Jürgen Schmidhuber (1963, Munich) became interested in the artificial intelligence when I was a teenager He dreamed of building a robot that was more intelligent than himself. Some 40 years later he chairs the NNAISENSE company -That designs robots that learn as children do- and pursues the same dream. Artificial intelligence is advancing by leaps and bounds, and with it, the possibility of fulfilling its desire: "In two decades there will be more intelligent robots than humans".
"My intention is to build an automaton that learns to be smarter than me and solve problems that I can not solve. When I get it I will retire, "says Schmidhuber with a smile, who is also co-director of the Dalle Molle Artificial Intelligence Research Institute in Manno (Switzerland). In 1997, this German was the architect of an algorithm called Long Short Term Memory (LSTM), which has revolutionized the processing of natural language by machines and is used by companies such as Google, Facebook or Amazon.
Now his team at NNAISENSE tries to manufacture robots that are autonomous and learn as children do: "Most of the time they do not try to imitate their parents, but they learn by themselves. They see processes, interpret them and reproduce them. " The youngest ones, explains Schmidhuber, invent "their own experiments" to learn how the world works. "For example, when they release their toys they see how they fall to the ground faster and learn more about gravity," he says. Minors also make predictions about what actions will cause pain or satisfaction: "If a baby is given a table, he will feel pain, and next time he will try to avoid the blow by surrounding the object or without touching it."
The robots manufactured by this expert "learn as children to do experiments that teach them how the world works". At the beginning, they are given a series of orders but then, by means of systems of machine learning, they themselves learn new skills on their own, according to this German participant in the IROS 2018 -The largest robotics congress in the world-.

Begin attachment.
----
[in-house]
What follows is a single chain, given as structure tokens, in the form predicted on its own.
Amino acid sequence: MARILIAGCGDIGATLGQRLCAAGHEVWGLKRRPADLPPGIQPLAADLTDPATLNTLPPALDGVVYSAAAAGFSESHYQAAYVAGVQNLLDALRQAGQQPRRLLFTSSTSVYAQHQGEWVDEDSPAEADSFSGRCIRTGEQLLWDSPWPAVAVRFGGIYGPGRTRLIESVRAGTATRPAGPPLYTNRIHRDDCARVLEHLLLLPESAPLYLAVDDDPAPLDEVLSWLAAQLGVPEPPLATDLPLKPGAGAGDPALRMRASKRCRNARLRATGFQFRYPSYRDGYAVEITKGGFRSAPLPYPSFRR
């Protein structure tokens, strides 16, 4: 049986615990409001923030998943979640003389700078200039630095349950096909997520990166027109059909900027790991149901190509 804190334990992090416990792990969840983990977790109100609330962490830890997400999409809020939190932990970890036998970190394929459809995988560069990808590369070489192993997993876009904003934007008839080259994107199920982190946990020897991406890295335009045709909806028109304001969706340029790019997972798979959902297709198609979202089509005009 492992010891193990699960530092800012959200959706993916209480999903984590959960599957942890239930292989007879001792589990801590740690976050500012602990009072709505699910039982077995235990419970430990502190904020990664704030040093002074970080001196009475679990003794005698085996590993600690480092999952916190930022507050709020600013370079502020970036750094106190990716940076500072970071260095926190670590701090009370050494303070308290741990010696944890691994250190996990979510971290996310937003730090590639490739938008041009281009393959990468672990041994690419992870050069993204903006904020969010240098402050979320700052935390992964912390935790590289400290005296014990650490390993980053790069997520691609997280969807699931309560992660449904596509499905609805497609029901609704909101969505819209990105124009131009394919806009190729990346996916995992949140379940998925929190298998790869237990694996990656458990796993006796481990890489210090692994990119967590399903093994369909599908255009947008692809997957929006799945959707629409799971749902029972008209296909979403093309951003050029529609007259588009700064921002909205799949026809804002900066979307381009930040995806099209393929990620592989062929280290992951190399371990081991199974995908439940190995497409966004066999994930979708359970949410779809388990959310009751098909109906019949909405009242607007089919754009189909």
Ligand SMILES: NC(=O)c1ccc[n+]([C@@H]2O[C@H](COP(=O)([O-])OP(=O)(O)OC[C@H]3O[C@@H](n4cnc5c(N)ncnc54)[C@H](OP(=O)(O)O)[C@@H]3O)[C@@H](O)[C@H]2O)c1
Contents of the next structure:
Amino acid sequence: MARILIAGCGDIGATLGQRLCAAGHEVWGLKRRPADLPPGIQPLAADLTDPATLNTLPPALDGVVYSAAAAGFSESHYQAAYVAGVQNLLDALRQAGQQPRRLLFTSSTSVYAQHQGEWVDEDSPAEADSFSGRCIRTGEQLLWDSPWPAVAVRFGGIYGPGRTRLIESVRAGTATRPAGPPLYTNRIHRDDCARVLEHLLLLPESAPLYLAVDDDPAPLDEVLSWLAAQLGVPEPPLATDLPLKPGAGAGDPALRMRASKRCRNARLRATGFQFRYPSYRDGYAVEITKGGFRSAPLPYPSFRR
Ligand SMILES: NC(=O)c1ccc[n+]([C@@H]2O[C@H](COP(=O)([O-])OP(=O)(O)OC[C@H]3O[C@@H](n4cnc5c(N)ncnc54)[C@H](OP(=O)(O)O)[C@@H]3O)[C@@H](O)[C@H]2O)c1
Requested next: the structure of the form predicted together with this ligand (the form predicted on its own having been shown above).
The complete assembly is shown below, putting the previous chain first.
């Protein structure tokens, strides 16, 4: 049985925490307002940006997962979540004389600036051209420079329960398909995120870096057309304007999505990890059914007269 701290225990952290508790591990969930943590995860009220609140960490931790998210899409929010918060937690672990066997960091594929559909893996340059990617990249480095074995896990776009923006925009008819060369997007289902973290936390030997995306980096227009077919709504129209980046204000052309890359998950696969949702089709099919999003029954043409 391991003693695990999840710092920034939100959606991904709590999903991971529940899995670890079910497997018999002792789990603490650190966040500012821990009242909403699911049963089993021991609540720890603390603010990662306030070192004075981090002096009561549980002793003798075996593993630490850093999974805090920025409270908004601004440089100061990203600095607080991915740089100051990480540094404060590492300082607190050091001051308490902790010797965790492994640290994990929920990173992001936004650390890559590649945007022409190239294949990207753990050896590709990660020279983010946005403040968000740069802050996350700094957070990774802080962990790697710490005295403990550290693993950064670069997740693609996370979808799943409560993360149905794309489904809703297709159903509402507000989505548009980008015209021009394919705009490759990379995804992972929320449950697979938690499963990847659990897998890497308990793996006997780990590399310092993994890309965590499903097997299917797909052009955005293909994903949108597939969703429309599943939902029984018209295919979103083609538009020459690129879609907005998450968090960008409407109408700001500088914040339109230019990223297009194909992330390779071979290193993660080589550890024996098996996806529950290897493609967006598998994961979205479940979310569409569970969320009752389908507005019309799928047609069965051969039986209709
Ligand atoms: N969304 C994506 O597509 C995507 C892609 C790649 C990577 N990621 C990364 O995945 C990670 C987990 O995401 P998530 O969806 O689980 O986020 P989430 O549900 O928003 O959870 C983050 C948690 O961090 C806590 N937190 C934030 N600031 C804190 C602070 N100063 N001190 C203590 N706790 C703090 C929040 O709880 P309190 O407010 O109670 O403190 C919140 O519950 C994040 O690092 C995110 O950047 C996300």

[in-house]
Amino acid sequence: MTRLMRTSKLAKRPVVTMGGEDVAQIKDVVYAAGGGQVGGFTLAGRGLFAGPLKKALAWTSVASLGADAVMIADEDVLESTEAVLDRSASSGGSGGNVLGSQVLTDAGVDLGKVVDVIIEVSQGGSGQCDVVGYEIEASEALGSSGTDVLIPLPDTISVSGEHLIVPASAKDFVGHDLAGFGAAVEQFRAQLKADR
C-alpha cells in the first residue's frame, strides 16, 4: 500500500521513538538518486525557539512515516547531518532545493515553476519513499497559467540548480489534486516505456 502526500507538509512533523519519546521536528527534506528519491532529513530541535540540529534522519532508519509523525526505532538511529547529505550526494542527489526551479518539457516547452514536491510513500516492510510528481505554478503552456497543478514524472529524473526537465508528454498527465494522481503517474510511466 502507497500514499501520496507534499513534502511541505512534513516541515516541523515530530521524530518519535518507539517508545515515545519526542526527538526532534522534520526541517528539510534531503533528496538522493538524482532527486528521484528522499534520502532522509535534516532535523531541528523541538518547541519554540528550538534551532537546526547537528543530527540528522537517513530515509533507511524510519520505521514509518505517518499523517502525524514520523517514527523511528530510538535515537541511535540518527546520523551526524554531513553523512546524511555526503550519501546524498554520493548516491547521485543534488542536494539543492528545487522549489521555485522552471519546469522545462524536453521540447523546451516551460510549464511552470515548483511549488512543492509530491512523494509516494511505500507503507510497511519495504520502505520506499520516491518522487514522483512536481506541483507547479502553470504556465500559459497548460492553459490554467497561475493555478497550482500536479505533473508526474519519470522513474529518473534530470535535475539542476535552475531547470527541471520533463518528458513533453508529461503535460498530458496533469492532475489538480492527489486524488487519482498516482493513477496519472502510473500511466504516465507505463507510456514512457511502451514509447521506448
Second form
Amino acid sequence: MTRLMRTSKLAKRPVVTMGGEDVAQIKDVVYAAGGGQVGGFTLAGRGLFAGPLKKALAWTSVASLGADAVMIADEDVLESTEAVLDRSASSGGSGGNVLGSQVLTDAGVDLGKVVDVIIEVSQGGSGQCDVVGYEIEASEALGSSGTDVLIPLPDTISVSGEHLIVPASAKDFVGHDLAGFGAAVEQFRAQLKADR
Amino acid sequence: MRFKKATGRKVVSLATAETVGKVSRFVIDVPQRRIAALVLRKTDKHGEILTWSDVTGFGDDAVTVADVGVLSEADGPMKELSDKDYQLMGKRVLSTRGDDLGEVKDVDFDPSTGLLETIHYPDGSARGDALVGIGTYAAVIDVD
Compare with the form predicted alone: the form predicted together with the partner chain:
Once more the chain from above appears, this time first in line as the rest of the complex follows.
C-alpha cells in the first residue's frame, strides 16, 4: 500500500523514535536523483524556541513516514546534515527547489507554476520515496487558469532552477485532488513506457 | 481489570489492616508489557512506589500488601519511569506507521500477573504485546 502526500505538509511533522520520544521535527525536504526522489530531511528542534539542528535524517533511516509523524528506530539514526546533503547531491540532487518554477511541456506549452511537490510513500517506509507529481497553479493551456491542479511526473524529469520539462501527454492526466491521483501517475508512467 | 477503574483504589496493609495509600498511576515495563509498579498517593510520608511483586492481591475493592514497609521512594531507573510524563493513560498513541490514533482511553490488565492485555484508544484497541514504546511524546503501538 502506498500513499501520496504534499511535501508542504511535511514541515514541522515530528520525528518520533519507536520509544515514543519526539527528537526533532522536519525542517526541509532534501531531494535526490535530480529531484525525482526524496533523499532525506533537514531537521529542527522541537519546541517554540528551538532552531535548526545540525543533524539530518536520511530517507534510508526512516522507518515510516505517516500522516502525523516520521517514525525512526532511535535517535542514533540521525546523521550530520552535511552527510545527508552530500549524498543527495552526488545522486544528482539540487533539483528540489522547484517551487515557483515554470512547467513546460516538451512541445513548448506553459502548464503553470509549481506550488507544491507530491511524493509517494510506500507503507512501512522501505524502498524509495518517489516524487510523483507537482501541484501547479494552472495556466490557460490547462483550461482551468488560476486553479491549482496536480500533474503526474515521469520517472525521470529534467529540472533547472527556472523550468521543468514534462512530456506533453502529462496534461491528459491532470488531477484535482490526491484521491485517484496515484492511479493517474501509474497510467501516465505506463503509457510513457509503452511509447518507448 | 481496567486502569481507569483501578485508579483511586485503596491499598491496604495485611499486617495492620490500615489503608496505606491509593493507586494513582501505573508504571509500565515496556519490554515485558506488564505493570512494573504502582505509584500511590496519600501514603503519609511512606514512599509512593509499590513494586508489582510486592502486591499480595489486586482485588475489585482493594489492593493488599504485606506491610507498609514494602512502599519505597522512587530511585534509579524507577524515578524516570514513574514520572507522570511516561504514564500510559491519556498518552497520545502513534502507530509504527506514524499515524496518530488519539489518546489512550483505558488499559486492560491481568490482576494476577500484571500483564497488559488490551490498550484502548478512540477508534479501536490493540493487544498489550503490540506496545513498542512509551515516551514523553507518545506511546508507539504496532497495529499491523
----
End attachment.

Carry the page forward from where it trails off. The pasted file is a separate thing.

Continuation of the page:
Schmidhuber gives the example of a robot that learns to run "without any teacher to teach" in the same way that a child does: "A baby may need a year to control their muscles, learn to get up, walk and run. Neural networks of this robot also need weeks to do it. " While this humanoid at first fell to the ground continuously, the expert in artificial intelligence says that "came a point where he was able to move one foot after another and even to run."
But this ability to learn as children is not only important for humanoid robots. In another project, Schmidhuber and his team worked with small Audi cars that reached 120 kilometers per hour to learn on their own to park: "They were equipped with cameras and sensors. They collided with other vehicles and had to try again and again, little by little they avoided hitting themselves and finally they could park in difficult situations ".
This expert in artificial intelligence explains that the key is to endow robots with "the curiosity of a baby that tries to make experiments and understand how the world works and the consequences of its actions". This way of learning, he argues, does not differ much from that of adults: "A child is a little scientist who experiments with his toys. Maybe 20 years later that child is for example a scientist who does experiments in the European particle physics laboratory CERN"
Although automata of the future can learn in a similar way to people, "they will be very different from the humanoid robots that are manufactured today." "The robots of the future, for example those that go to the Moon or to Mercury, will not physically resemble us, they will be composed of systems and sensors that humans do not have and they will be much smarter", concludes Schmidhuber.